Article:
The Global Risks Report published annually by the World Economic Forum (WEF) serves as a wake-up call for humanity. In its 2019 Report, extreme weather events were the risk most likely to happen (remained at the top for the third year in a row). Failure of climate change mitigation and adaptation came in second place (moved up from fifth place in 2018). We are now hitting potential tipping point that causes climate change out of control, becoming more conscious that climate change is everyone's problem and our own problem.
Meanwhile, the plastic issue that became high on the global agenda is also impeding the planet's sustainability. Plastics have been the symbol of a phoenix of mandkind's recovery from the ruins of the World War II. However, a reckless use of plastics due to its convenient and inexpensive nature contributed to the throwaway society. From 1950 to 2015, 8.3 billion tons of plastic has been produced worldwide, while 6.3 billion tons ended up as waste. Only 9% of plastic waste is recycled. Today, microplastic (less than 5mm in diameter) pollution has emerged as a new threat to marine ecosystem and is now invading our food chain. Regulations are set to tighten up controls on plastic waste. The UN Environment Assembly, for instance, adopted the Ministerial Statement that calls for significant reduction of single-use plastics by 2030.
Distinguished Guests, Ladies and Gentlemen,
Apart from the perceived risk that sustainable development may not be feasible unless environmental problems are surmounted, we are also at the dawn of the Fourth Industrial Revolution that heralds the arrival of new era. The convergence of technological evolution across industries thanks to advances in AI, IoT, cloud, big data, robotics, drones and VR is blurring the physical, digital and biological boundaries, leading to an unprecedented Cyber-Physical System.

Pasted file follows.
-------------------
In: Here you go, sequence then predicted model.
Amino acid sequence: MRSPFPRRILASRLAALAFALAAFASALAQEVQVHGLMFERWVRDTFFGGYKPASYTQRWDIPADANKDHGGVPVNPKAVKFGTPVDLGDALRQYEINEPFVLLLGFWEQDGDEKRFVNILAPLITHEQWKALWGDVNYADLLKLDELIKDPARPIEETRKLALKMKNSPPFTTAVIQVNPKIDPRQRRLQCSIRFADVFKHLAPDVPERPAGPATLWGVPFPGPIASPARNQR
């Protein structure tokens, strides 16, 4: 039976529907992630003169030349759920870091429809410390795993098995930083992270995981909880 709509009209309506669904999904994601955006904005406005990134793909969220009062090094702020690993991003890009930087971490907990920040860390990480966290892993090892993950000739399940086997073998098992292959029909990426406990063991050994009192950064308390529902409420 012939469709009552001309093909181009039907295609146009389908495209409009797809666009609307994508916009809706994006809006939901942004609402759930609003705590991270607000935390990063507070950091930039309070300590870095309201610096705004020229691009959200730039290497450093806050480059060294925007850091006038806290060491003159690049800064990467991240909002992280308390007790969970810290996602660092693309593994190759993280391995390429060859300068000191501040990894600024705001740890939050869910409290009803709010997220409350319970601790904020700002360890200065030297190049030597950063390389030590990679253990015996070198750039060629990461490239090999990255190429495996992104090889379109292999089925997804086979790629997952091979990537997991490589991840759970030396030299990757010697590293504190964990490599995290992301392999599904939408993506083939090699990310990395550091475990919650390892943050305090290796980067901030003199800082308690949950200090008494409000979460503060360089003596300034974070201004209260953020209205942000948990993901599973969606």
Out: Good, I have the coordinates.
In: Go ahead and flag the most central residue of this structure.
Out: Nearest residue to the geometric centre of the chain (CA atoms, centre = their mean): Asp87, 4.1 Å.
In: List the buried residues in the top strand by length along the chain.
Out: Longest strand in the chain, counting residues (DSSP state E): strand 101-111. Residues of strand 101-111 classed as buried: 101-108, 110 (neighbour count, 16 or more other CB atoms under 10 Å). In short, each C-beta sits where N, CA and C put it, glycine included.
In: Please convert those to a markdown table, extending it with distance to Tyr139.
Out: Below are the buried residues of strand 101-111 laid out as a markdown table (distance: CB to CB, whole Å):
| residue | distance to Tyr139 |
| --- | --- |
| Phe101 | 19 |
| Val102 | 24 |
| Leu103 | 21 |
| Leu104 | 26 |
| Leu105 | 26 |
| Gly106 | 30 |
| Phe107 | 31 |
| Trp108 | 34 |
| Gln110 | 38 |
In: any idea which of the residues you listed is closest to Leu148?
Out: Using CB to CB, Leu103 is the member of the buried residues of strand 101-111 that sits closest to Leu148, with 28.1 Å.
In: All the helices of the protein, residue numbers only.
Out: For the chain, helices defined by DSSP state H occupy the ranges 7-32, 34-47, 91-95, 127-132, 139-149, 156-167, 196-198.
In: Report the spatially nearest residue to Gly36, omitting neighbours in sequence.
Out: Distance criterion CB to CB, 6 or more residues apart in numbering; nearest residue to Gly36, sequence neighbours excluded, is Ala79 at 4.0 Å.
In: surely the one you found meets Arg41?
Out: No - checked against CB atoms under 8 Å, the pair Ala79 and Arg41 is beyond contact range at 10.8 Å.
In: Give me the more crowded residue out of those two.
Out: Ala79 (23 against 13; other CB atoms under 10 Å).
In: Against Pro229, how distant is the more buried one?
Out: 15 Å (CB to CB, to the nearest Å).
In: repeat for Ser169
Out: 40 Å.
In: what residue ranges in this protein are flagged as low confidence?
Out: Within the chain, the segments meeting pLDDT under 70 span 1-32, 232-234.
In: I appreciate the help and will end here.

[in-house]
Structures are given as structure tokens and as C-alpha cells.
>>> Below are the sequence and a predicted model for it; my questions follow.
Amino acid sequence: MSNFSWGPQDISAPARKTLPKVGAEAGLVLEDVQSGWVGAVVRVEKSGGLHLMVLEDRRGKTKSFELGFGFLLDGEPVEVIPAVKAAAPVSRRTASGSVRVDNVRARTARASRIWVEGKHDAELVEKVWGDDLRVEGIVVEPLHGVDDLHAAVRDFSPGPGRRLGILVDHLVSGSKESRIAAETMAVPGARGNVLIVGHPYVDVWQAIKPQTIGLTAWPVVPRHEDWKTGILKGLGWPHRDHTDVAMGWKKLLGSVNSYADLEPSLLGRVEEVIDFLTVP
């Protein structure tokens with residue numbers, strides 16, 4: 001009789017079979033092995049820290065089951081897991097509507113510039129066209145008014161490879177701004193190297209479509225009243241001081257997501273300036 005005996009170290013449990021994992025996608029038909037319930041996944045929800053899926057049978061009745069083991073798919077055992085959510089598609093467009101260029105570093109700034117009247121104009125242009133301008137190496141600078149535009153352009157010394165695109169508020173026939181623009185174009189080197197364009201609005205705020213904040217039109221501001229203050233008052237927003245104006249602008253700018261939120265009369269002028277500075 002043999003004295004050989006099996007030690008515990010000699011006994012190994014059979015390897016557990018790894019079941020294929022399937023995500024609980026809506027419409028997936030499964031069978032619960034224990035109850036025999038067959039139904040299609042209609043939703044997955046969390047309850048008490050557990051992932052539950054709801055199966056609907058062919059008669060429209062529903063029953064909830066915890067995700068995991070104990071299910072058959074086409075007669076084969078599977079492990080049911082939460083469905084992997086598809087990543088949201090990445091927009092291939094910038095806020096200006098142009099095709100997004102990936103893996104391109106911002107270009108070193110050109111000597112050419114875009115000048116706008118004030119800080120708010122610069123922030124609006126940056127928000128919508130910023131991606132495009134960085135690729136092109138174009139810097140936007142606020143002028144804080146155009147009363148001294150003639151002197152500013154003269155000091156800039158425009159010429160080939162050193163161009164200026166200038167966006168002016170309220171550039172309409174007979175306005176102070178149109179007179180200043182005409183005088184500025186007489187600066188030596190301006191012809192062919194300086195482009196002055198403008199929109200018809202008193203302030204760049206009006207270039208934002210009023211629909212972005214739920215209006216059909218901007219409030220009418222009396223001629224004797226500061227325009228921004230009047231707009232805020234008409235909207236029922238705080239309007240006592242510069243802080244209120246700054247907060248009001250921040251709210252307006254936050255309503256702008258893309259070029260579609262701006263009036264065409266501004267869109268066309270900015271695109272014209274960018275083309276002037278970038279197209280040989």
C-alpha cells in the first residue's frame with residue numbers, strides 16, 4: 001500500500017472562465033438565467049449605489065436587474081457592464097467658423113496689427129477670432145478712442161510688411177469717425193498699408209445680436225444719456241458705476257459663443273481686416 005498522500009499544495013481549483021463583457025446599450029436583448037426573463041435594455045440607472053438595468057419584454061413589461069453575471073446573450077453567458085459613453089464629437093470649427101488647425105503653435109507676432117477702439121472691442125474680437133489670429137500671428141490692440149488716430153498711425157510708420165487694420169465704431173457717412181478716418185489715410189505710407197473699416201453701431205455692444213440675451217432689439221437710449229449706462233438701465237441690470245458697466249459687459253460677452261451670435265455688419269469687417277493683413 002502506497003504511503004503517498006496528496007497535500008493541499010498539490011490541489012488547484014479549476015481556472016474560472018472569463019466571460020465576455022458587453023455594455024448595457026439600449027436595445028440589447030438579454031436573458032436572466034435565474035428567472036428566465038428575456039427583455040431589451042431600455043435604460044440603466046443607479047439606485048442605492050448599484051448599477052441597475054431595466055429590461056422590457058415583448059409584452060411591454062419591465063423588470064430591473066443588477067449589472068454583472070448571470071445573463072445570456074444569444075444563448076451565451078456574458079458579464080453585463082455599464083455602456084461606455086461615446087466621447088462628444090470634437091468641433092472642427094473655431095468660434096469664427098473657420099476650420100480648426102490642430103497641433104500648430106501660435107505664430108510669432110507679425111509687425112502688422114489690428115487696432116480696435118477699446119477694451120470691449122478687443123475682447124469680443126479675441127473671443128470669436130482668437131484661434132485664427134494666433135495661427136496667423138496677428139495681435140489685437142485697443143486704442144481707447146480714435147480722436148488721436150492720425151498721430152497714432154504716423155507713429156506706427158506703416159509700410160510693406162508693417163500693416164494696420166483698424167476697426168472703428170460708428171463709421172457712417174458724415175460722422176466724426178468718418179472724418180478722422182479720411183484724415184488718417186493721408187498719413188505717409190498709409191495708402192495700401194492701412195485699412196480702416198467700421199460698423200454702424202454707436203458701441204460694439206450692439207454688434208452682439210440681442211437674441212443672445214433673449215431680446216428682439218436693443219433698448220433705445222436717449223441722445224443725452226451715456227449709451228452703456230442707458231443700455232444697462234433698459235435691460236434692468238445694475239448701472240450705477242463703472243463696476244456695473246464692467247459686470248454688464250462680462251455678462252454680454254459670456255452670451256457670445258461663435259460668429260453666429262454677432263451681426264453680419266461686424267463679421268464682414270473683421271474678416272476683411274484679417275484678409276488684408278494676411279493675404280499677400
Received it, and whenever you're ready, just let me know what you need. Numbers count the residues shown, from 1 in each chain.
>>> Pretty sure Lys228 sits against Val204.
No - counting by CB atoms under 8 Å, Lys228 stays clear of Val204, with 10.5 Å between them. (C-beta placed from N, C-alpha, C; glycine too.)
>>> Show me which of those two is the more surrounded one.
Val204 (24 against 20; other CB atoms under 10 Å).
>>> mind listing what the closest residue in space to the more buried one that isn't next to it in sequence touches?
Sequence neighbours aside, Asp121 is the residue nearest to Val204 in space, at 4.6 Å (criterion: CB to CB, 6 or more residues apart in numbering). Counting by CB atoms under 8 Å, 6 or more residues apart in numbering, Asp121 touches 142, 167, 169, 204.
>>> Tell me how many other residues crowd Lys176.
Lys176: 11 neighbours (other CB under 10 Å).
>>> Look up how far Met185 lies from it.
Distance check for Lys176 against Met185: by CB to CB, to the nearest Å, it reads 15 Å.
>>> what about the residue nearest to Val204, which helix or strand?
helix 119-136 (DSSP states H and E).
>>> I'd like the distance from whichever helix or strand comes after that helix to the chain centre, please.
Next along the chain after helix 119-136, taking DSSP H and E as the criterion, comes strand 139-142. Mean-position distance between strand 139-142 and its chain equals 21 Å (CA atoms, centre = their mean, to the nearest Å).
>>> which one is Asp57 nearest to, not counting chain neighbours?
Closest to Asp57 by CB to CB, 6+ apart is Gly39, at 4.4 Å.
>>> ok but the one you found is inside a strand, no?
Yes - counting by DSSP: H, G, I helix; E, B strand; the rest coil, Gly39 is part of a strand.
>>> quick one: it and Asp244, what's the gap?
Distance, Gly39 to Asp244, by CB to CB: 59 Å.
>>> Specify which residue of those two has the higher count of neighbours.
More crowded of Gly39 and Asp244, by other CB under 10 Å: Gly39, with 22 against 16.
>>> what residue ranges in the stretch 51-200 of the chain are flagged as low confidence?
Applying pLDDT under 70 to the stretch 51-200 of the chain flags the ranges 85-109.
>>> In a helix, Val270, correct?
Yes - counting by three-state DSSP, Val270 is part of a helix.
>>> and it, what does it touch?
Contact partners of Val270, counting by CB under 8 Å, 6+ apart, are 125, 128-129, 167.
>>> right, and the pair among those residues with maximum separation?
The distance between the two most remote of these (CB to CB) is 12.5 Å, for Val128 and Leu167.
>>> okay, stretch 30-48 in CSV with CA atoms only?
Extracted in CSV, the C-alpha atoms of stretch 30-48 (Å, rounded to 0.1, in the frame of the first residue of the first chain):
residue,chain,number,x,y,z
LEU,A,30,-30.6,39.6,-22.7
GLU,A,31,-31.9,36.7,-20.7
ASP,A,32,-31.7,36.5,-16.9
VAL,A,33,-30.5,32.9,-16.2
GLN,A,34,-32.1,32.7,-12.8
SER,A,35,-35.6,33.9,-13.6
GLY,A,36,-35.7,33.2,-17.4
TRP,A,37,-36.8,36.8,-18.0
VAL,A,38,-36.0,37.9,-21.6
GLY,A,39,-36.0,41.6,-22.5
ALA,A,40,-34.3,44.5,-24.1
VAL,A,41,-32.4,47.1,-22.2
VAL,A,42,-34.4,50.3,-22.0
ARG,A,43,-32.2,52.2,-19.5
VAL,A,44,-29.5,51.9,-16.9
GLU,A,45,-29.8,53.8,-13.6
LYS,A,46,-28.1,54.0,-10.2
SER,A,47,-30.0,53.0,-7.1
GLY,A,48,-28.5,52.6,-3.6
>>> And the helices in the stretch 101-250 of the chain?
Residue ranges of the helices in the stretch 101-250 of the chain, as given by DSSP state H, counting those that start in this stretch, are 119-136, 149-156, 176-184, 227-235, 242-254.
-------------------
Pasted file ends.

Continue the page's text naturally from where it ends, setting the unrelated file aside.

The evolution of certain core technologies and industries are unfolding at an astonishing pace. In parallel with it, the international community is entrusted with an important task to address the current risks by harnessing these new technologies. This is because we can carve out a future anchored on the 4th Industrial Revolution only when the present risks are alleviated. To this end, I believe that cross-border cooperation and support can be the key enabler for common prosperity of the human being in the 21st century.
At this stage, science and engineering community has an important role to play. The smart decision we make today will determine our tomorrow. As such, this platform convened by Korea-Europe scientists and engineers is worthwhile to define the role of science and technology innovation in achieving sustainable development, which would eventually enhance our capacity to address sustainability issues through cooperation and shared visions among countries.
With that, I sincerely hope that EKC will serve as an incubator for Korea and Europe to lay a basis for joint research and make headway in science and technology advancements. I am confident that Korean scientists and engineers residing in Europe will be at the forefront of the non-governmental diplomacy. Rest assured, the KOFST will always remain committed to your noble work. I wish you the best of luck for all your future endeavors. Thank you.
Myung Ja Kim
President of the Korea Federation of Science and Technology Societies